The coffin and mummy board of Nespawershefyt (also known as Nes-Amun) dates from the Third Intermediate Period of Egypt, between 990-940 BC. It is decorated in the ‘yellow coffin’ style, … Continue Reading The Coffins of Nespawershefyt, Egyptian Official, 990-940 BC
The National Museum of Scotland has a wonderful collection of Pictish symbol stones; monumental stelae carved by the Pictish inhabitants of Scotland during the 6th-9th centuries.
The Sleeping Hermaphrodite depicts the son of Hermes and Aphrodite. It is a Roman copy of a Hellenistic original dating to 2nd century BC.
Palaeolithic hand axe found at Swanscombe in Kent. Dating to 400,000 BC this is one of the earliest hand tools found in Britain. This can be seen at Bristol City … Continue Reading Palaeolithic Flint Hand Axe 400,000 BC
Khasekhemwy (ca. 2690 BC) was the final king of the Second dynasty of Ancient Egypt. This statue of him in the Ashmolean Museum is the oldest example of royal statuary … Continue Reading King Khasekhemwy, Second Dynasty Pharoah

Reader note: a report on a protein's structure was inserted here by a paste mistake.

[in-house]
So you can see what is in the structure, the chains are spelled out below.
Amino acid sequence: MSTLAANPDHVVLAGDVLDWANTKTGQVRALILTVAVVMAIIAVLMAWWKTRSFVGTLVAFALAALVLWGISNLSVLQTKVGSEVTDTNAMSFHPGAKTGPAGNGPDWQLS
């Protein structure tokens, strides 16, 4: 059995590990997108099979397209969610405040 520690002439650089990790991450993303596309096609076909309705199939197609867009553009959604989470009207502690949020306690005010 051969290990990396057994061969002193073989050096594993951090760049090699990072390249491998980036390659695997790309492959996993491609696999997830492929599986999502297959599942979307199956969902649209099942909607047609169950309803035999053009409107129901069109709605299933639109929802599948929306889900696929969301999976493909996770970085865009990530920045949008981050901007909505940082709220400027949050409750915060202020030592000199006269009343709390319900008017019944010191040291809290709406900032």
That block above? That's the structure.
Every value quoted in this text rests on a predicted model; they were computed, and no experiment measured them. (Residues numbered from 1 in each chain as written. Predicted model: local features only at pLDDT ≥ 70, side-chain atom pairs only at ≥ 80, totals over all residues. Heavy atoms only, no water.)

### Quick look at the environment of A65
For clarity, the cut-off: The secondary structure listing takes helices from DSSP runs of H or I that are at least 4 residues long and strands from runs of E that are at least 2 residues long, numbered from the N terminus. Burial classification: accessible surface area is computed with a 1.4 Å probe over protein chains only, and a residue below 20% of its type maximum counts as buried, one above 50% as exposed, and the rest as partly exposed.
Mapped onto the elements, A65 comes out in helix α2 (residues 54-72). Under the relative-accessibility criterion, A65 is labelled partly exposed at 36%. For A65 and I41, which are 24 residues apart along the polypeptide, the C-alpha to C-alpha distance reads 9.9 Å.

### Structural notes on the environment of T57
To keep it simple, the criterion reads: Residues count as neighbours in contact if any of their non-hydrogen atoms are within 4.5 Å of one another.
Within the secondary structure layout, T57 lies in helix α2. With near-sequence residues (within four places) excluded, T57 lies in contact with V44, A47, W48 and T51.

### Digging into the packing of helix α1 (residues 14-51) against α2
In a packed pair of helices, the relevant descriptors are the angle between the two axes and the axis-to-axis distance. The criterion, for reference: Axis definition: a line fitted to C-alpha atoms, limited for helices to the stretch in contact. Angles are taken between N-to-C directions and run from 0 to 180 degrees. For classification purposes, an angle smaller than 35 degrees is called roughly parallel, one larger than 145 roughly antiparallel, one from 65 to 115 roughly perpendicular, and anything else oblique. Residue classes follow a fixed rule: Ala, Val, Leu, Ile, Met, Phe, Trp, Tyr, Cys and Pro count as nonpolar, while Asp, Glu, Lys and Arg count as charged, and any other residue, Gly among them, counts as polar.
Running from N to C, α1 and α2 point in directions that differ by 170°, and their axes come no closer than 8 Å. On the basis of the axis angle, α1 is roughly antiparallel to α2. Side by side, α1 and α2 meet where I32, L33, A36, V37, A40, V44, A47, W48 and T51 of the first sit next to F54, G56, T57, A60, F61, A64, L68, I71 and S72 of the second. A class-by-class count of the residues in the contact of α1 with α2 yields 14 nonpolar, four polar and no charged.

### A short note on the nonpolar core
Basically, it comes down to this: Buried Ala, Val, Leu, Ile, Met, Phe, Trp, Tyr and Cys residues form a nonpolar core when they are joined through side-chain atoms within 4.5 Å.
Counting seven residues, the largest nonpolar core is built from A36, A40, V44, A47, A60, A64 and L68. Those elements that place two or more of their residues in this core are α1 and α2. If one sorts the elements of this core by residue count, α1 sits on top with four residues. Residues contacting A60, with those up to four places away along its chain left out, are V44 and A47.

The area of north east of the village of Priddy in Somerset contains an extensive Bronze Age ritual landscape containing several barrow cemeteries rivalling those seen in Wiltshire surrounding Stonehenge. … Continue Reading Bronze Age Barrow Cemeteries of Ashen Hill and Priddy
The term ‘Neanderthal’ has become synonymous with the type of behaviour associated with ‘sluggish’, ‘brutish’ cavemen, and the term has entered the English dictionary as also meaning ‘an uncivilised or … Continue Reading What The Shanidar Cave Burials Tell Us About Neanderthals
Take a look at this rather attractive pile of coins; who doesn’t like a bit of treasure? It’s actually a photo of the Shapwick Hoard, a collection of 9,262 Roman … Continue Reading The Shapwick Hoard: Britain’s Largest Hoard of Roman Silver Denarii